Monday, November 18, 2013

New Orleans

New Orleans. Overseeing volunteers in the Lower ninth ward.
The neighborhood's narrow streets are spotted with banana trees and lined with grass margins and shotgun-style homes, some still completely ransacked by the hurricanes, others beautifully rehabbed.
Theday was spent sanding and priming - chatting and laughing with the others made the day pass quickly. Afterward, the shower coulda used a traffic light. The French volunteers made dinner and it disappeared in seconds . Now the downtime - a cup of coffee and a game of cards and the hours unwind with an easy rapport unfolding between everybody.
Plenty more to do tomorrow .

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Saturday, October 12, 2013

Cafe Hawelka

Cafe Hawelka, in Vienna is as much a part of the city as the city is a part of European history.
First opened in 1939 , it has changed little over the following decades and since that time has been operated by the Hawelka family, handed down from generation to generation. Through the twentieth century it was and remains a meeting point for writers and artists to share ideas over a melange or two, and maybe one of the famous pastries that are still made in house from recipes handed down directly from the matriarch Josefin Hawelka.
Among the artists, housewives take a break from their errands. Businessmen take lunch, or random blow-ins like me come in to look at them.

On a rainy Saturday afternoon, the dark wood and dim lighting invite the weary pedestrian to hang their coat and follow the maitre d' to a booth or table. From the deep colored wallpaper hang photographs of the family through the century and some beautiful original artworks - some original paintings hang from once unknown painters who, without the money to pay for their lunch, would offer a work of art instead. These hang proudly , some of them now priceless, in a room with no music or radio or any vestige of the modern world ,; a place to view art, enjoy coffee, and hear the low chatter of one of Europe's most elegant cities, and allow a small portion of the day to tick down at its own chosen speed.

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Saturday, September 21, 2013

North Country

Outing, MN just North of Emily . Way up in the pines . Duck boats gather under a blue sky - the log-built bait shops dot route 169 and the camouflage hats and jackets dominate as 4x4s and flat beds file in and out of the parking lots .
The day ticks down at the pace you'd expect from a northern Minnesota village.
Still plenty green on the trees , but sure to turn soon. The slight chill in the air is a clue to what's up ahead, but for now, the sun's shining and there's time to kill. 

There's a play in Emily tonight that'll draw a good chunk of the little town - dinner theater: pulled pork and a musical comedy from Screen Porch Productions to wash it down. Maybe a beer at the Bungalow Inn on the way home.
Until then, a  guy could do worse than just kick back and look around. Think I will....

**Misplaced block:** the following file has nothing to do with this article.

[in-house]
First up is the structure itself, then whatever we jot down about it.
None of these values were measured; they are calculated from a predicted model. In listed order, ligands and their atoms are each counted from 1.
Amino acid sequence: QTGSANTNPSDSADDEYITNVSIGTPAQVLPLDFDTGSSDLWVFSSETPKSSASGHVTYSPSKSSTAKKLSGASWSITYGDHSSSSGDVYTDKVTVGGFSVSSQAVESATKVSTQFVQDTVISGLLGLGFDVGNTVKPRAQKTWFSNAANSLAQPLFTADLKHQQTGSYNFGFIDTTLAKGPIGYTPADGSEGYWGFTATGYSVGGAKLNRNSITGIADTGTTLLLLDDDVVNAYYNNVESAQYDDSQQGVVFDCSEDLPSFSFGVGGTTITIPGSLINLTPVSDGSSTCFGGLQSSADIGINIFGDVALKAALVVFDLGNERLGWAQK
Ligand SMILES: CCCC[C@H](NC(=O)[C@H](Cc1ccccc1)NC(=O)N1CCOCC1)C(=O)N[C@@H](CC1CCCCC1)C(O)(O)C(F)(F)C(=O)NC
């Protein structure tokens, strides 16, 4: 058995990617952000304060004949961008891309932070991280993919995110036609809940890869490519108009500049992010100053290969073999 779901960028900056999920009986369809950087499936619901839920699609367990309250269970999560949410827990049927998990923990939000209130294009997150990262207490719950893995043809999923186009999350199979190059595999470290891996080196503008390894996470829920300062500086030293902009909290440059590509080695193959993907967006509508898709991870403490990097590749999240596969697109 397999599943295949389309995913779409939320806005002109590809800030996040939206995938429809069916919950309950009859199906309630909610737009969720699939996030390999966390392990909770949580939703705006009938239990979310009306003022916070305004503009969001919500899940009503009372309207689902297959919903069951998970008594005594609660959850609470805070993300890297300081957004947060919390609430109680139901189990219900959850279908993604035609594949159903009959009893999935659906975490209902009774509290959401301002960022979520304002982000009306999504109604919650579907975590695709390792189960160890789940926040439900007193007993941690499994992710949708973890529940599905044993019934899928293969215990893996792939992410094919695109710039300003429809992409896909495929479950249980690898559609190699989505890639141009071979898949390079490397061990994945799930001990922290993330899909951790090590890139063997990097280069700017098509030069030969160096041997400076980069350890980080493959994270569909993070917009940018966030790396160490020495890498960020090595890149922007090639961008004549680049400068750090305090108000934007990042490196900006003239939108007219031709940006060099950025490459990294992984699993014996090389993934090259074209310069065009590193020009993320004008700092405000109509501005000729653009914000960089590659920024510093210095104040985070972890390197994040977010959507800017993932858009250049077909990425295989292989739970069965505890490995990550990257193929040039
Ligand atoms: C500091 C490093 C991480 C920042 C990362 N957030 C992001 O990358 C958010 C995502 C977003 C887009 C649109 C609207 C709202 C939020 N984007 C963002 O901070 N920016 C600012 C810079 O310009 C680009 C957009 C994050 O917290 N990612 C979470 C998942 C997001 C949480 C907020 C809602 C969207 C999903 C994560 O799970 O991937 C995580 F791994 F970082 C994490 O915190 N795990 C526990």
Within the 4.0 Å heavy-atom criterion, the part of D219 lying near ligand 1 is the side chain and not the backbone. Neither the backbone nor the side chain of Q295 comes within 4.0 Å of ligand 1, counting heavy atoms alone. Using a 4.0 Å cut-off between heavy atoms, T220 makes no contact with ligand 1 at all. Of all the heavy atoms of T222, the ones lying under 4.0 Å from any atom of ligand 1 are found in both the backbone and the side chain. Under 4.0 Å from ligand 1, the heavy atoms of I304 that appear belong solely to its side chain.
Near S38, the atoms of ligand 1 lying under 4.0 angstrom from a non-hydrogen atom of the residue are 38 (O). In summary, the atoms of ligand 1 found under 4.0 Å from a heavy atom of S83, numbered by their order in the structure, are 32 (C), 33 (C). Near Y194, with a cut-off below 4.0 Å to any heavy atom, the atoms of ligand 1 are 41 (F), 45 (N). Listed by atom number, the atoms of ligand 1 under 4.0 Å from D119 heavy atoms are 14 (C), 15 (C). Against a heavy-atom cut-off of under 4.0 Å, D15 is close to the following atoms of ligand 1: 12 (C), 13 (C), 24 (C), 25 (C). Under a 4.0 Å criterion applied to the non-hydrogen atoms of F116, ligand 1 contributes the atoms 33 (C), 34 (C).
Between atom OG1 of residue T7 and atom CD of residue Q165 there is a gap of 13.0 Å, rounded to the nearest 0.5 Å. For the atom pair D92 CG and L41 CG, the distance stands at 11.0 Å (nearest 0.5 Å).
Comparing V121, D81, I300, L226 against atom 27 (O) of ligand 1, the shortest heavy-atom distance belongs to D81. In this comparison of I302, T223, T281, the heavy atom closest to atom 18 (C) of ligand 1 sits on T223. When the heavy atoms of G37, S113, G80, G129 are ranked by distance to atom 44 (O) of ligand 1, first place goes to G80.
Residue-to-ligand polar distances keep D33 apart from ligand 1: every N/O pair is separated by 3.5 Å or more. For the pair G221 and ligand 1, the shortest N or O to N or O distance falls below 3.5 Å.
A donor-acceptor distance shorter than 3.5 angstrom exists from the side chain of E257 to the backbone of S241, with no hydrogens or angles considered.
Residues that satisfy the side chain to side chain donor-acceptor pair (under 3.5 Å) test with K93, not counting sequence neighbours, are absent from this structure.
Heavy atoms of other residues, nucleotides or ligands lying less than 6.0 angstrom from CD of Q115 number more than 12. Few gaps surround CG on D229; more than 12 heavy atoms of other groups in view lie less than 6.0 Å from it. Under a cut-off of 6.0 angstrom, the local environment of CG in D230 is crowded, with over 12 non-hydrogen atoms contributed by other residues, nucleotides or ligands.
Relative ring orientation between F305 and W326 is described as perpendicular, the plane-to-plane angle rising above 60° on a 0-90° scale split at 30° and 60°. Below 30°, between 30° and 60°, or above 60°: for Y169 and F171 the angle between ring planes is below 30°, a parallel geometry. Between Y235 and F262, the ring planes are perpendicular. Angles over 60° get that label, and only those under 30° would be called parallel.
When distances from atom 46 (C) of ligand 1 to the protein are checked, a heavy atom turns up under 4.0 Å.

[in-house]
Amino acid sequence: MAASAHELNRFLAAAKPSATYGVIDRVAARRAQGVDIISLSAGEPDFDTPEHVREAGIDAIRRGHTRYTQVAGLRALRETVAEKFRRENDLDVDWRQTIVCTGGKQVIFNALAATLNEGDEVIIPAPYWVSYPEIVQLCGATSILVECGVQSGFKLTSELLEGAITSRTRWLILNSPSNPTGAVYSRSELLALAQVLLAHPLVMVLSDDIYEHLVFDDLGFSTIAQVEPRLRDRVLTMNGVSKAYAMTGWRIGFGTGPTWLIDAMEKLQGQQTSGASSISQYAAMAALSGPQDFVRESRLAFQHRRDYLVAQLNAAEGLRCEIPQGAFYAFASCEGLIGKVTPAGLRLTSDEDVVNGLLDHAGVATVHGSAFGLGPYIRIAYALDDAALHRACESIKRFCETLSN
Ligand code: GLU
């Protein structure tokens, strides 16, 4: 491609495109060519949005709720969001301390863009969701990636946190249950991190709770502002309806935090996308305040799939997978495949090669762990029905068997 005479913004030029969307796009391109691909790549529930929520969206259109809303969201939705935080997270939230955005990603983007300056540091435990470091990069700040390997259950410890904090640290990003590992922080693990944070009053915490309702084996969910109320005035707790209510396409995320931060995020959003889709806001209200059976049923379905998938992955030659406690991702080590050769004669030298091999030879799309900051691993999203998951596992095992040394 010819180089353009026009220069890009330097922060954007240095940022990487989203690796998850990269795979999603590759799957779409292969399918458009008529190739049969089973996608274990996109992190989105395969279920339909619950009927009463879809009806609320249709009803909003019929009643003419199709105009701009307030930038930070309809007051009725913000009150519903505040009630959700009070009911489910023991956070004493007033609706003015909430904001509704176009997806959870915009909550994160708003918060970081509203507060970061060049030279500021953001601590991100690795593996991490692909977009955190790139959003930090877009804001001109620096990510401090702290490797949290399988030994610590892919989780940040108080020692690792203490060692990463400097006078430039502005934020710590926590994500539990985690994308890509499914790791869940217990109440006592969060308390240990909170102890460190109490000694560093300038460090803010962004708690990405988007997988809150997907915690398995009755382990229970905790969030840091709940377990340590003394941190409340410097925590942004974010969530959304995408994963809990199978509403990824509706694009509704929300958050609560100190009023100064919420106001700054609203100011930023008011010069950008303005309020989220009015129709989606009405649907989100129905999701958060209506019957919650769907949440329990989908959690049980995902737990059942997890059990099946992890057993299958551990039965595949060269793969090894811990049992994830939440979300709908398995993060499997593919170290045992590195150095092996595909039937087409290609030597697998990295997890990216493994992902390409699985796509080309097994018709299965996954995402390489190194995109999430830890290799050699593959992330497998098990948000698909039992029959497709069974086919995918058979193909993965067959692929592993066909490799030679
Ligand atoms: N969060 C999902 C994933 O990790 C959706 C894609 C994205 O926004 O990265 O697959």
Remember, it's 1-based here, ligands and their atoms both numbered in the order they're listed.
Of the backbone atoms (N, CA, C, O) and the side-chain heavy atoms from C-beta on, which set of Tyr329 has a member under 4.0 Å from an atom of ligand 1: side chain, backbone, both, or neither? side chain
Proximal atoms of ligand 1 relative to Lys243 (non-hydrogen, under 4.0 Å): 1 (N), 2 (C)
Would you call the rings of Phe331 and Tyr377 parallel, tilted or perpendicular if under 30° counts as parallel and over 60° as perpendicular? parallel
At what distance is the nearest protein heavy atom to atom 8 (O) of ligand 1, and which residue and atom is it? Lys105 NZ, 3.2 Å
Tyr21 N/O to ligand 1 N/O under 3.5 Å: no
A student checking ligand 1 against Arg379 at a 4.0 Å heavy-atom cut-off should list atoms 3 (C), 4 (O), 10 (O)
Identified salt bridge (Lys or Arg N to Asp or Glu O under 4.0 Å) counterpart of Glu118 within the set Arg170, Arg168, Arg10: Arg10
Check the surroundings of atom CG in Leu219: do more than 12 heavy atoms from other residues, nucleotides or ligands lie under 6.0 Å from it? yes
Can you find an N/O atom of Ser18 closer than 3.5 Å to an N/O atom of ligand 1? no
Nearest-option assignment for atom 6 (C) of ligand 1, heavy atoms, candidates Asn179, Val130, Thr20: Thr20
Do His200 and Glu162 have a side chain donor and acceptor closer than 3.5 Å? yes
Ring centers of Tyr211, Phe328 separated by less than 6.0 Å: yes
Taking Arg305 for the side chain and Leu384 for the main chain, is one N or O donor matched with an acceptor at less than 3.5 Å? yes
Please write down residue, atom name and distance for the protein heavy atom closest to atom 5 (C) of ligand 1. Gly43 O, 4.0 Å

Wednesday, March 20, 2013

One Saturday Afternoon.....

The root beer was from the Abita Brewery in Louisiana. A good one - not too sweet and full-bodied.
The Blues City Deli rotates its root beer selection regularly and always has something worth trying. The locals file through in a steady line , heading for the counter- best sandwiches in town and they all know it, but that wasn't the only draw today.
At 1pm the Rum Drum Ramblers were hitting the stage with their unique brand of pre war blues- style original songs. These guys are local favorites and for good reason. These afternoon shows at the deli are few and far between these days for the Ramblers, so when the word goes out it travels fast. By the time I'd grabbed my root beer, it was standing room only. By the time I'd finished it, you couldn't fit a sardine in the room , and maybe it was time for me to switch to something stronger.
Local St Louis micro brewery Schlafly is well represented at the Deli, and 3 bucks bought me a bottle of their Pale Ale- smooth not too hoppy and a little nutty. Just a little.
Vinny, the owner. smiled and served me and then fought his way through the crowd to introduce the band, then fought his way back.
The band jumped straight in and in no time flat had the joint hopping - double bass bounced the harp player into a frenzy . Matt held down the guitar rhythm - nailed it to the floor, and a guest appearance from a waif like young girl dwarfed by her baritone sax completed the picture. The crowd , shoulder to shoulder , bopped and sang, whooped and hollered with each solo. Vinnie had announced it as the first gig of the year and proclaimed his intention to start as he meant to go on - with good music and great sandwiches - and man are they good. The Po' Boy's are incredible - the roast beef being a huge favorite. I opt for the veggie Po' Boy every time, and one of these days I may well have earned one of the house t-shirts with the slogan - "If it wasn't for Vinnie, I'd be skinny".
The line moved slow and insistent like cooling lava for the whole gig, and over time it felt like the whole neighborhood had squeezed its way into the roughly 400 sq ft room.
The band bopped til 3.30, and I left a little before, weaving through some couples dancing a two step on the street - the only space around to do so. I wandered out with a full belly and great music ringing in my ears, and a promise to myself to get back there soon. Hopefully I'll see you there.